APCNews 116 – Violence in Nigeria, Internet for schoolgirls in Pakistan

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APCNews – March 12 2010 – Year XI Issue 116

The news service on ICTs for social justice and sustainable development

APC first came into contact with the rural Nigerian group Fantsuam Foundation when they won the 2001 APC Africa Hafkin Prize. At the time, Fantsuam ran a small micro-credit scheme and had introduced computer training for their borrowers – though Kazanka Comfort who ran the foundation told us that her dream was to eventually see women in all the local communities linked up by email so that when there were outbreaks of sectarian violence the women could email each other and get help.

Since 2001 Fantsuam has taken technology far in their efforts to alleviate poverty. They’ve set up a high tech training academy and provide internet to thousands of people. Since 2004 they have been using GEM –APC’s Gender Evaluation Methodology– to evaluate the extent to which they are changing the lives of women in their communities. In the latest outbreak of sectarian violence this week Fantsuam has had to help bury 287 dead – and they were almost all women and children.  In the month of Women’s Day and at the same time as the UN Commission on the Status of Women is meeting in New York, Fantsuam sees the extension of GEM into the broader Nigerian community as a potential solution.
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GEM in Hard Times: Sectarian violence in Nigeria can be beaten

KAFANCHAN (John Dada for APCNews) – Since January, sectarian strife has ripped through Nigerian communities. “A mass burial took place the day before yesterday and body counts are close to three hundred with over 80% of them women and children,” APC member John Dada told APC. “It is ironic that in the month of the Celebration of Women’s Day, such atrocities are being visited on innocent women and children.” Women are culturally respected as the givers of life and John blames deepening poverty and economic alienation for the cultural reversal but he sees a potential solution. More >>

Internet, schoolchildren and rural Pakistan: How to get community buy-in including for girls

CALGARY (LC and KAH for APC) – In rural Pakistan girls schools are sometimes burned to the ground, so when twenty-nine year old Huda Sarfraz and her team started to teach Punjabi girls how to create websites and use online chat, she feared they might be run out of town. However the girls clamoured to learn as much as the boys did and —overturning societal taboos— over-subscribed for the extra-curricular classes – ending up producing prize-winning websites. As a result of exposure to APC’s Gender Evaluation Methodolgy (GEM), and despite their own cultural reservations, Sarfraz’s team focused specifically on getting girls and women teachers involved. “Initially, we only saw two groups to work with — students and teachers. However because of GEM, we looked at them as four—girl students, boy students, women teachers and men teachers,” says Sarfraz. More >>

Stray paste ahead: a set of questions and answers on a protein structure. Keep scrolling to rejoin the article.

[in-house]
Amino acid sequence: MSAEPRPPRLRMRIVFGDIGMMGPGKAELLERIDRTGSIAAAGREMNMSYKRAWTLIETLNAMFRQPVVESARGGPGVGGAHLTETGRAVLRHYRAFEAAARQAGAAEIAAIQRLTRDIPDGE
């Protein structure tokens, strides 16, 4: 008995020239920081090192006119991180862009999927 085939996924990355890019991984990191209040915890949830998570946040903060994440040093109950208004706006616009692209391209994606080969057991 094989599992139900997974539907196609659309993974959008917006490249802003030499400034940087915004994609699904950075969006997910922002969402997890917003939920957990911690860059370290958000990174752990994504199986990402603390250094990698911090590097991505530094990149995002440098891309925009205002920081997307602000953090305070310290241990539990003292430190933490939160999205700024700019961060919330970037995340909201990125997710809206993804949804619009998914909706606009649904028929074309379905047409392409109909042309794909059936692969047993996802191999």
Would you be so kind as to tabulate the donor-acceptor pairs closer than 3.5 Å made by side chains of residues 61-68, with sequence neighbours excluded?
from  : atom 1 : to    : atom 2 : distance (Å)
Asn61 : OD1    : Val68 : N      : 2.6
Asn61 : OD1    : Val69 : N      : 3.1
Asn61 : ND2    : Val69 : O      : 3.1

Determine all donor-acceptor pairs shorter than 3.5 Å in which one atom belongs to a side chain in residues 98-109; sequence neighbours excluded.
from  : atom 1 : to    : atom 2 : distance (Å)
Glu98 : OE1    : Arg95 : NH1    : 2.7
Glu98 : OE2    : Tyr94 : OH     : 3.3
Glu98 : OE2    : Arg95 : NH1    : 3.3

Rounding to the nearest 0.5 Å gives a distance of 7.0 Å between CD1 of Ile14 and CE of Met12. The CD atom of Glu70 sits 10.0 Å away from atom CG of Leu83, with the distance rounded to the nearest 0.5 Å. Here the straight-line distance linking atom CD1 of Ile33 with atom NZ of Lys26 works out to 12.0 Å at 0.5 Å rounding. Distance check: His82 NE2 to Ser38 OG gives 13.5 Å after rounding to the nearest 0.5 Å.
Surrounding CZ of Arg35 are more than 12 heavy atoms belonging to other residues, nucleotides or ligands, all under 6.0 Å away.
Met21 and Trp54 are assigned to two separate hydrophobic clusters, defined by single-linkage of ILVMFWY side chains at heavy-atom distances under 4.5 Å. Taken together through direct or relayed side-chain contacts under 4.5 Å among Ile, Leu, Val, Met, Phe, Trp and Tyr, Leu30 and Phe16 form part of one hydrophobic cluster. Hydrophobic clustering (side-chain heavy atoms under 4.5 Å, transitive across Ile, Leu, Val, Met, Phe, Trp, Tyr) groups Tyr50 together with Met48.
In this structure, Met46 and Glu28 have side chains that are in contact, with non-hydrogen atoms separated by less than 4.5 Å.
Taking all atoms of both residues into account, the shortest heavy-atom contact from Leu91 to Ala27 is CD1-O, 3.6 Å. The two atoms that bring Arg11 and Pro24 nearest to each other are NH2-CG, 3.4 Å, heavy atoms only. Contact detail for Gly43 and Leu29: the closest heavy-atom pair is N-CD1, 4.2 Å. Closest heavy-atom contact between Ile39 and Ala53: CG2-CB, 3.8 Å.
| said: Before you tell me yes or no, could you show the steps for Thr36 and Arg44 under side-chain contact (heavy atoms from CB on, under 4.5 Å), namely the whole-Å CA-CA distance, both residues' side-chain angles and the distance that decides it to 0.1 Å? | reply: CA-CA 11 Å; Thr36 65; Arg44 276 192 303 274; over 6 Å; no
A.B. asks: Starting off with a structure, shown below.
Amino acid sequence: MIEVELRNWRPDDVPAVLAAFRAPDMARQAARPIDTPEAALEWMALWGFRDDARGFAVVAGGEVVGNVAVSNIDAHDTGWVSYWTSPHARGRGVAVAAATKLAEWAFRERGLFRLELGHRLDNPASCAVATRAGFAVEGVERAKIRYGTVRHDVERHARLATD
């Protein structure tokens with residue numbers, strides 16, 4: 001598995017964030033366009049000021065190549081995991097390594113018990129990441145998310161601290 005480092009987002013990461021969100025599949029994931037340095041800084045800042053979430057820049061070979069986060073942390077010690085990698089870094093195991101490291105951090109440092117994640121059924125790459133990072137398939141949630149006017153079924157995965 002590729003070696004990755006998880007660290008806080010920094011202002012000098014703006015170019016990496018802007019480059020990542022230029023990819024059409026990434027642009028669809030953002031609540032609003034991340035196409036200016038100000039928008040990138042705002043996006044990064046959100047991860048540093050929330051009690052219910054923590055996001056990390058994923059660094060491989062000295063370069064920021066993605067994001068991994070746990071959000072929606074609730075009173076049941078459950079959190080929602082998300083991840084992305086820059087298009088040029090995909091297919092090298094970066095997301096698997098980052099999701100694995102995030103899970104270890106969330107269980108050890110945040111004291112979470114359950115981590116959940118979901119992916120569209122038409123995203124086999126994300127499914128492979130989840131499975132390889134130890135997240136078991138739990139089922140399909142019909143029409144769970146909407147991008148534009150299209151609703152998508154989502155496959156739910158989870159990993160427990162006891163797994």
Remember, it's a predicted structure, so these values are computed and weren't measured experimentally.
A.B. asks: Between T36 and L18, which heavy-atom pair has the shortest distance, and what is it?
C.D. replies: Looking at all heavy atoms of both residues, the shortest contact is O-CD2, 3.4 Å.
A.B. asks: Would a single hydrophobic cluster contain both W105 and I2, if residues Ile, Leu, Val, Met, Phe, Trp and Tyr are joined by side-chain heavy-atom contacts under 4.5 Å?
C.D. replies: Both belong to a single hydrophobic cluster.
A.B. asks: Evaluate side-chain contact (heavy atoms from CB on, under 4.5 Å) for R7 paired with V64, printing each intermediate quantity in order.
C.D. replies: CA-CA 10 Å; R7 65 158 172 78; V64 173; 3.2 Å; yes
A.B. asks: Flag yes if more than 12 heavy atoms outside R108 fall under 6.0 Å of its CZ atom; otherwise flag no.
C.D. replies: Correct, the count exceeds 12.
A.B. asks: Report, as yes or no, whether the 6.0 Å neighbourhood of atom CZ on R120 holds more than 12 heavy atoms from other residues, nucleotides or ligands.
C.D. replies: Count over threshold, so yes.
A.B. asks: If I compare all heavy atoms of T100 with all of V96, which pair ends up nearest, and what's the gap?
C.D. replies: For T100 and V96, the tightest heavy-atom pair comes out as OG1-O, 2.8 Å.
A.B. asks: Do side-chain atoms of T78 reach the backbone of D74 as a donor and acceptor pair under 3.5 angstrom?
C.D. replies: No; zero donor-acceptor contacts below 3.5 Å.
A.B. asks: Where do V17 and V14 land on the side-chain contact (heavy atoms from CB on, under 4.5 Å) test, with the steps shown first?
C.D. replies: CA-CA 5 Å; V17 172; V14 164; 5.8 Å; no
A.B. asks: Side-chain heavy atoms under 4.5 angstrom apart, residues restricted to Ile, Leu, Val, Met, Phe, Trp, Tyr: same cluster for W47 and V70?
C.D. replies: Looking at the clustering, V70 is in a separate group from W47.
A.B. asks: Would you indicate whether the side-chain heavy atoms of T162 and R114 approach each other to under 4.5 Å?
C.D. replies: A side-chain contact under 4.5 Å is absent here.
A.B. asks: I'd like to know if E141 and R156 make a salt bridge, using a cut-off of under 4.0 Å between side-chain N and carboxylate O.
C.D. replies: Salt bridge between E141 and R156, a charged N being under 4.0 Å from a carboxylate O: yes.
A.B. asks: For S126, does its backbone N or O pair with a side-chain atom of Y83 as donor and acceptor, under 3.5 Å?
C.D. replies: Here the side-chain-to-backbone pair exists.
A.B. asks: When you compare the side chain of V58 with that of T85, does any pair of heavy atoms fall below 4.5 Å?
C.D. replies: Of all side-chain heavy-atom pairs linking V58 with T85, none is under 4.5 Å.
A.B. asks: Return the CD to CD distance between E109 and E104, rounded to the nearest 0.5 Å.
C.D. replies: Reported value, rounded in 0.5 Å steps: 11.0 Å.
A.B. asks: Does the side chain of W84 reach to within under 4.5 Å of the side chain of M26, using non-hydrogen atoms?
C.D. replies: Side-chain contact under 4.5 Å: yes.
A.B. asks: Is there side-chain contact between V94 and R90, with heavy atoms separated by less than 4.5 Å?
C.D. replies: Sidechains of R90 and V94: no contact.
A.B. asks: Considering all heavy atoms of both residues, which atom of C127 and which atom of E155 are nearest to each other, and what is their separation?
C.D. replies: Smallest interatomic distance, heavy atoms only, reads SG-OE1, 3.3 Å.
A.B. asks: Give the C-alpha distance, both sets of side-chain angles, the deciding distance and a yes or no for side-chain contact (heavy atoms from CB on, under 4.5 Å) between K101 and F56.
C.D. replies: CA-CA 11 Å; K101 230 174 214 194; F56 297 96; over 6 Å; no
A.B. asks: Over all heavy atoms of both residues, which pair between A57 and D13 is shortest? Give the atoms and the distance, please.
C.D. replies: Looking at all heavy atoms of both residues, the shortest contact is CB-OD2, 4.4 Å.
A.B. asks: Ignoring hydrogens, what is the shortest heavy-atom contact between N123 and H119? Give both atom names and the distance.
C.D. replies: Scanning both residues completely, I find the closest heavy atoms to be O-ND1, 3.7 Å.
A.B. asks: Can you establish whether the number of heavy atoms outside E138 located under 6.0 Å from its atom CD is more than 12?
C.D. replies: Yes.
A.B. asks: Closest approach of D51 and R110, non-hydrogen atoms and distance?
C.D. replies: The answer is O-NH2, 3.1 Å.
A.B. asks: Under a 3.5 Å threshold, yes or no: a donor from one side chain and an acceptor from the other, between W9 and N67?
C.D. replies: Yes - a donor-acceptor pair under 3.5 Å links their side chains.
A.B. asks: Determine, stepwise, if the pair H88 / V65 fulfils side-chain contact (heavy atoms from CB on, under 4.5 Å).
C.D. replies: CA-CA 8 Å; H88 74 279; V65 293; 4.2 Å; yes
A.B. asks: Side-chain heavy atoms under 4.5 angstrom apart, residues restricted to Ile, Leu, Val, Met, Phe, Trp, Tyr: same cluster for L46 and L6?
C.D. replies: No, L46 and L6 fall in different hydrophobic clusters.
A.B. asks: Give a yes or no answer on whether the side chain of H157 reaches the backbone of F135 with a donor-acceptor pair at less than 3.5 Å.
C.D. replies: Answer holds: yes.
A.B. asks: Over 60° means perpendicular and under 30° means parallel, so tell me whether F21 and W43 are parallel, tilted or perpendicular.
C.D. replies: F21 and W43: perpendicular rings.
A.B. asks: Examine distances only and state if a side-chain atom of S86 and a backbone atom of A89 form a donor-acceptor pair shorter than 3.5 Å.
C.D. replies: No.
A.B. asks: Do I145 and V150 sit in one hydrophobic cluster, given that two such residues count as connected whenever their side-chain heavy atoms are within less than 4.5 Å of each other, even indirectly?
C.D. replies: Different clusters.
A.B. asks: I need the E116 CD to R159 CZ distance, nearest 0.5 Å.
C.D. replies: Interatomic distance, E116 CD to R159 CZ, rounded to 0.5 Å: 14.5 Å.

APC at the UN Commission on the Status of Women

NEW YORK 3 March 2010 (GenderIT.org) A small team from the APC women’s programme is in New York from March 1-12, blogging and tweetting from the UN headquarters. While governments are busy reviewing the Beijing Platform for Action, civil society organisations are being kept at bay and struggling to take part. Yet they are still managing to keep busy by organising side events, networking, and advocating for the inclusion of a women’s rights perspective in all the discussions. APC is closely following the discussions about communications rights and the role technology plays within. Our coverage is on GenderIT.org. More >>

Coverage from APC via the GenderIT.org site

Access to knowledge conference in Yale: Video interviews

More than 20% of human genes are patented in the US – preventing people from accessing affordable and appropriate testing and diagnoses of genetic diseases. This is only one example of how restrictive intellectual propery legislation is impacting human rights. At the Yale Information Society Project’s conference, where APC was an organising partner, these issues including the impact on innovation, scientific research, freedom of expression online and education were discussed by civil society and adademia. Watch some video interviews. More >>

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